Like yesterday's. It showed two boys at what looked like a beach, dressed in clothes very different from clothing people wear nowadays. They were carrying a bucket together and there was a sailboat behind them, but it didn't have any sails. And although the scene looked like it was on the shore of an ocean, the picture on the card didn't show any water. Then Carlos gasped. Was that a shark on the ground in front of them? Carlos wondered what he would do if he saw a shark on the ground, right in front of him. "Dear Carlos," the back of the postcard read, "I made some new friends today. I think you'd really like them, too. You wouldn't believe what they carry around in that bucket of theirs. And that shark! Well, that's their best friend! We're going to go sand sailing tonight. It's a blast! Love, Aunt Isabel."

"A shark as your best friend?" thought Carlos. He figured that those boys must be pretty brave. And "sand sailing"? Carlos couldn't quite work out what that meant, but he thought maybe the boys and Aunt Isabel would be using that boat. He wondered if the boys were the captains of the ship. He smiled. Aunt Isabel was right -- he would definitely like them!
See the picture entitled "A Basket of Clams" and learn more about the artist who painted it in the Learning Guide to Winslow Homer: An American Original.
The next Saturday's postcard was also sort of strange. It showed a girl in a ballerina costume, posing. Carlos could see the feet and tutus of other ballerinas standing behind her, in some sort of orangey brown wall. Carlos thought for a minute and then realized that maybe the main ballerina was on stage, and the other ballerinas were waiting in the curtains for their turn to dance. But something else caught Carlos' eye: it was a man, who looked like he was wearing a black suit. He was standing back in the curtains and you couldn't see his face. "What's he doing up there?" Carlos wondered aloud.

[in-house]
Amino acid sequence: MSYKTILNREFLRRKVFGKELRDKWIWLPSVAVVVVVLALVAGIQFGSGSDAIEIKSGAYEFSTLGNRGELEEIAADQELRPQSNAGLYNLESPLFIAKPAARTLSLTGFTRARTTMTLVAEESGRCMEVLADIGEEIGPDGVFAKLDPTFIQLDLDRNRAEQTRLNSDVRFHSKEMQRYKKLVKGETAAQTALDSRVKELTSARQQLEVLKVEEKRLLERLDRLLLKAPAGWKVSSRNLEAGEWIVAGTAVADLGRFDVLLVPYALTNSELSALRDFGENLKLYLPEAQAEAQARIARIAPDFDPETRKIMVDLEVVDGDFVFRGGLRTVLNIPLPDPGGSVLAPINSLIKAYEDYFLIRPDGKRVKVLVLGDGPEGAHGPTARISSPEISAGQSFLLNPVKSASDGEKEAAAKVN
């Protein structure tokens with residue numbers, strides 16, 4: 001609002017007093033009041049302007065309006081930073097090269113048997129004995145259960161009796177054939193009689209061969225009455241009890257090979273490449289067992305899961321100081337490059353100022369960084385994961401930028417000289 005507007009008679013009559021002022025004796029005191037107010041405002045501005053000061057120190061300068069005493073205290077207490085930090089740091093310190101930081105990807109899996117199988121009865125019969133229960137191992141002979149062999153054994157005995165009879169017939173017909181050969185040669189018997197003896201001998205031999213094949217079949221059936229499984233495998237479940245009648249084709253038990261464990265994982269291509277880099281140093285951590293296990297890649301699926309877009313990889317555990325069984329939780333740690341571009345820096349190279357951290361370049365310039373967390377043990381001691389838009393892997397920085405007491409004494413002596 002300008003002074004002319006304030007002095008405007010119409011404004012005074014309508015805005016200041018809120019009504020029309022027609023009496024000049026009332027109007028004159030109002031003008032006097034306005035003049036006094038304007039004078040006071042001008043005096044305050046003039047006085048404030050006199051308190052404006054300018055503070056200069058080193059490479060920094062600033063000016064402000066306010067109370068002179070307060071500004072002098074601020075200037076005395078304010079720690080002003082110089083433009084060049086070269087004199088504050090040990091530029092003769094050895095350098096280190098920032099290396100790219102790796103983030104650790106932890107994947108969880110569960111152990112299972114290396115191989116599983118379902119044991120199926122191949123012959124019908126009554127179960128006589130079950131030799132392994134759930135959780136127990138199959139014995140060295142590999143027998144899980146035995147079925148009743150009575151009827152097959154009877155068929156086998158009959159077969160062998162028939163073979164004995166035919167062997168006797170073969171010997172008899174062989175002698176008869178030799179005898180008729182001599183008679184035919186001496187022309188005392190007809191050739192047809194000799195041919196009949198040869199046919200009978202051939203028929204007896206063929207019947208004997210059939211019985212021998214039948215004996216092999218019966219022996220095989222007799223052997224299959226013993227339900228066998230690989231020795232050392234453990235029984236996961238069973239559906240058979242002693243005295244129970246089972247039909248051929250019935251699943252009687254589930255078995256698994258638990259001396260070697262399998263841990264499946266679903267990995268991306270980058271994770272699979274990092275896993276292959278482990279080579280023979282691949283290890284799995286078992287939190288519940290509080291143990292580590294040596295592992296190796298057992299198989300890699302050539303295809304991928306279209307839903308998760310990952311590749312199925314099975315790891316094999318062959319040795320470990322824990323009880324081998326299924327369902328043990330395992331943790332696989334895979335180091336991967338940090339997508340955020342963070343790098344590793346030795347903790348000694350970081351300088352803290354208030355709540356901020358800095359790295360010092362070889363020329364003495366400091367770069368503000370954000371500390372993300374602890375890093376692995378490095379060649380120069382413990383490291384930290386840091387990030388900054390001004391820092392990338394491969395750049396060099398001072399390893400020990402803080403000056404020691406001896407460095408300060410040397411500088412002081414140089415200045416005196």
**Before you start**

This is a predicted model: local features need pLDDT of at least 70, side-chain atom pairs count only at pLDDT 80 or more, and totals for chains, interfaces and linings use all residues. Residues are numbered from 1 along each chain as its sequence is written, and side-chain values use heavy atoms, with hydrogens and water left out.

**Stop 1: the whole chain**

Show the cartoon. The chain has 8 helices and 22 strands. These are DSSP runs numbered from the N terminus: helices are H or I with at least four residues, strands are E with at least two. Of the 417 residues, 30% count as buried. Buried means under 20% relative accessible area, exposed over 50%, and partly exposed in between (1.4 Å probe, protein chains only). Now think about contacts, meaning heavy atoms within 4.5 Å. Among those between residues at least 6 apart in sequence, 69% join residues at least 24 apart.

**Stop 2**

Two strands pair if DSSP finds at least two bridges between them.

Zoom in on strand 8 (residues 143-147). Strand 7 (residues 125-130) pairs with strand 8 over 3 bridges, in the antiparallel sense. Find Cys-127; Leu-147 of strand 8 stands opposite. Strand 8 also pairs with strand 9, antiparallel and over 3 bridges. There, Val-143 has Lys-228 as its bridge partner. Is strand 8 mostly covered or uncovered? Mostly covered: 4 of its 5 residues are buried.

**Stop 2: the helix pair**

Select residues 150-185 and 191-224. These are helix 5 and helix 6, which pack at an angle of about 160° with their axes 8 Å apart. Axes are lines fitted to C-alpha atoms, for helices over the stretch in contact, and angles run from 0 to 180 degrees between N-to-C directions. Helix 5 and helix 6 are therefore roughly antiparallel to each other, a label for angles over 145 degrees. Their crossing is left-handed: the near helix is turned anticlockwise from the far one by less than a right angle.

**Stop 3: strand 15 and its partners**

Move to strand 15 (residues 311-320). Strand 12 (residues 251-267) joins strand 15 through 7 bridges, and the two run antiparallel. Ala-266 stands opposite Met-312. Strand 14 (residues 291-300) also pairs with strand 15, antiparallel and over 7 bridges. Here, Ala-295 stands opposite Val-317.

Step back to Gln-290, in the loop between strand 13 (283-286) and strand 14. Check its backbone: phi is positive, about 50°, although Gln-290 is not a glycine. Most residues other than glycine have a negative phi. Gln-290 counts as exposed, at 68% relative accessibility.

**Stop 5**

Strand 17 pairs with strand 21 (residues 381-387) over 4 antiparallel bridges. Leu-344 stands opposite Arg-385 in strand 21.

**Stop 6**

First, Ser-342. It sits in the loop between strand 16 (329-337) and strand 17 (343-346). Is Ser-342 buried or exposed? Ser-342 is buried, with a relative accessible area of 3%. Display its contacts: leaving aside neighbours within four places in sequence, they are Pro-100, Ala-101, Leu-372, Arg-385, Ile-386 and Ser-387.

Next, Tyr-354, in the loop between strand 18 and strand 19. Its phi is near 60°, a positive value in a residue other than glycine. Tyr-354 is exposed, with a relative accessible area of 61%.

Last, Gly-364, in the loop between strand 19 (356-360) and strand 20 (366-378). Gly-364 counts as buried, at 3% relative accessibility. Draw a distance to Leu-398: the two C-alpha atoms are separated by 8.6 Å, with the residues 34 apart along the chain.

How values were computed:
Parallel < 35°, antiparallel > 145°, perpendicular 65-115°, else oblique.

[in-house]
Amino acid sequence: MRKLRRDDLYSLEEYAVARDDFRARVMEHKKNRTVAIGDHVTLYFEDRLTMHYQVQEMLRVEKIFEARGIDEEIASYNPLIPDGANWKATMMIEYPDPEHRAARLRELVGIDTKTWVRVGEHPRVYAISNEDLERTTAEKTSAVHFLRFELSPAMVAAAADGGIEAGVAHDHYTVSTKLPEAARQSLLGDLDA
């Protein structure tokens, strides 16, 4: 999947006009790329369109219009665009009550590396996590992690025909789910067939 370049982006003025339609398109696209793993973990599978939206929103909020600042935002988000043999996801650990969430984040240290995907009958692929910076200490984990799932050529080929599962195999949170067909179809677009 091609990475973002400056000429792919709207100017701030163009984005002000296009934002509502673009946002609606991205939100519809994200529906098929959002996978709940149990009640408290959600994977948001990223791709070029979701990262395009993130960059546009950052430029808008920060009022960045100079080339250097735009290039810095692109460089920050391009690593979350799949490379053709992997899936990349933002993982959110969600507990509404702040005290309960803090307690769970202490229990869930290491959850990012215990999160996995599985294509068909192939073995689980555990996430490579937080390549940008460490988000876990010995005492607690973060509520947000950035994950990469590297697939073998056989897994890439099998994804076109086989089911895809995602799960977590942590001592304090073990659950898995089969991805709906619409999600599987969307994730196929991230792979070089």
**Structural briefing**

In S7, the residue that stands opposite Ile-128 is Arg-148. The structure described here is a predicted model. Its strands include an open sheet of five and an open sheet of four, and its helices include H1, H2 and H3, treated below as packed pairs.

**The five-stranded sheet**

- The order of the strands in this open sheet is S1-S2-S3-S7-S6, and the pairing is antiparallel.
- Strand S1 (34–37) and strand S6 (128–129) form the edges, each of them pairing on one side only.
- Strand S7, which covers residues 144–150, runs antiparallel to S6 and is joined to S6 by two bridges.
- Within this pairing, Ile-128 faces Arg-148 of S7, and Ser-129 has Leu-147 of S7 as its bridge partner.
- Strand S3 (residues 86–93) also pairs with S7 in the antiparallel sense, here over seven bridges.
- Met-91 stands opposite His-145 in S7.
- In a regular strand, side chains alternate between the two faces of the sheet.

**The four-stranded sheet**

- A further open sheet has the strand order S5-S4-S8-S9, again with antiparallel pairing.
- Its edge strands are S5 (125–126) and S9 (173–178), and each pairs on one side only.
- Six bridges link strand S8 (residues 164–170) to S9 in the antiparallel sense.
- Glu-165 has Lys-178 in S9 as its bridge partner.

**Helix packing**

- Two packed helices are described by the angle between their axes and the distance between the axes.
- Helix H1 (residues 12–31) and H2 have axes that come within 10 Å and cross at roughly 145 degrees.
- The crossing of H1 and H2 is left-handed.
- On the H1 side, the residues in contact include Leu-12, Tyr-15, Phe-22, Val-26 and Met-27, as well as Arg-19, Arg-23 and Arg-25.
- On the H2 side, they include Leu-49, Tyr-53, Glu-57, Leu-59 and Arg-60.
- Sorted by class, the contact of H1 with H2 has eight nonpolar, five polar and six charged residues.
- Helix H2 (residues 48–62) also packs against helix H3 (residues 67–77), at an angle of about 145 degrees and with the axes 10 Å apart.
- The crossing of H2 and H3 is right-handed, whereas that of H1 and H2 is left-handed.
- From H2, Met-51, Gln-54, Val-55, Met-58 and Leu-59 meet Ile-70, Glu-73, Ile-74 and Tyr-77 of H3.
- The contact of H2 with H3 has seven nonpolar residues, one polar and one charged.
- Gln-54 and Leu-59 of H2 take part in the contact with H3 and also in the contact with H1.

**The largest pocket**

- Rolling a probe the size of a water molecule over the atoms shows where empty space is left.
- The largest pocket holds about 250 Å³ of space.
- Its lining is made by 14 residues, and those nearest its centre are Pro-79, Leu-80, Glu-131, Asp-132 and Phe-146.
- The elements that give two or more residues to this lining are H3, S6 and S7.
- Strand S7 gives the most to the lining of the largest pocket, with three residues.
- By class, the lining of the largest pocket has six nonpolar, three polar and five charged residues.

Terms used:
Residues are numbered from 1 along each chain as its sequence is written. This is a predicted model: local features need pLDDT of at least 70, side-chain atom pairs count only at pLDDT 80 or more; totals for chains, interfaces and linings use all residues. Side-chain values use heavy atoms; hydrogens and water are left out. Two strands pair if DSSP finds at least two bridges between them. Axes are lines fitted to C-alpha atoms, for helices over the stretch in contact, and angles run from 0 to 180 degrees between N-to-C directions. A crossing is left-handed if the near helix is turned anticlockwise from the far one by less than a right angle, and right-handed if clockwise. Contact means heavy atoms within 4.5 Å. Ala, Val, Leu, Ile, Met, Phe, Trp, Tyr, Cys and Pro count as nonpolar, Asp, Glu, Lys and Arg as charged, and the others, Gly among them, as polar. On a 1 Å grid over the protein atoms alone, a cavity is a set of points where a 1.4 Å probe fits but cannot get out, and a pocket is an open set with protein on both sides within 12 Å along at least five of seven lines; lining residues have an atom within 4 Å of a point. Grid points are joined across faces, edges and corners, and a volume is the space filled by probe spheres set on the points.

Carlos flipped the postcard over and read, "Dear Carlos, Today I saw a show, and oh, what a splendid show it was! There was lots of twirling and spinning, and even you would have liked it, especially when the sword dancers came out!" Carlos' eyes widened. He continued reading. "This picture shows a dancer named 'The Star'. The man behind her is a magician, and he has cast a spell on her. She's dancing now, forever. We all wonder when she'll be finished spinning so that she can bow to the applause of her audience. Love, Aunt Isabel." Carlos looked again at the front of the card and stared at the man. He couldn't tell if the ballerina was happy being twirled forever or not. She looked like she was smiling, so maybe she was happy. And Carlos would sure like to meet a magician.
See the picture entitled "L'Etoile" and learn more about the artist who painted it in the Learning Guide to Degas and the Dancer.
Another postcard seemed less mysterious. It showed a woman and a girl sitting in a boat. The woman was peering over the edge of the boat, into the water. A couple of ducks paddled around them. Carlos shrugged. He didn't know what was so special about this postcard. "Dear Carlos," Aunt Isabel had written, "Have you ever gone in search of treasure?" Carlos furrowed his brow. What was Aunt Isabel talking about? "Well, my dear Carlos! Have I got a story for you! These two ladies are searching for treasure. Legend has it, a big storm struck here a long, long time ago. In the storm, many ships were lost, and many treasure chests sunk to the bottom of the sea. Every year, pieces of gold and a couple of rubies wash up on the shore. But these ladies, my new friends, believe that they have located seven treasure chests underneath the water. We're going to go diving later to find out! Wish me luck, and if we find it, I'll send you a gold coin! Love, Aunt Isabel."

"Whoa!" yelled Carlos. His mom poked her head into his room.

"Everything okay in here?" she asked.

"We're gonna be rich!" he said, as he jumped up and down on his bed. His mom raised an eyebrow and smiled. Carlos blushed. "Er, never mind, Mom," said Carlos. She looked a little confused, but shrugged her shoulders and walked away. Carlos took another look at the picture on the postcard. Now that he looked more closely, he noticed that the water wasn't just flat, blue water. It shimmered with different colors. It was darker in some places, lighter in others. Pockets of blue and green and brown appeared on the surface. And yes, spots of gold! Carlos gasped. He couldn't wait to get his gold coin, but in the meantime, he decided he'd better not tell anybody about Aunt Isabel's treasure- just in case there were any pirates listening.
See the picture entitled "Summertime" and learn more about the artist who painted it at the Learning Guide to Mary Cassatt: American Impressionist.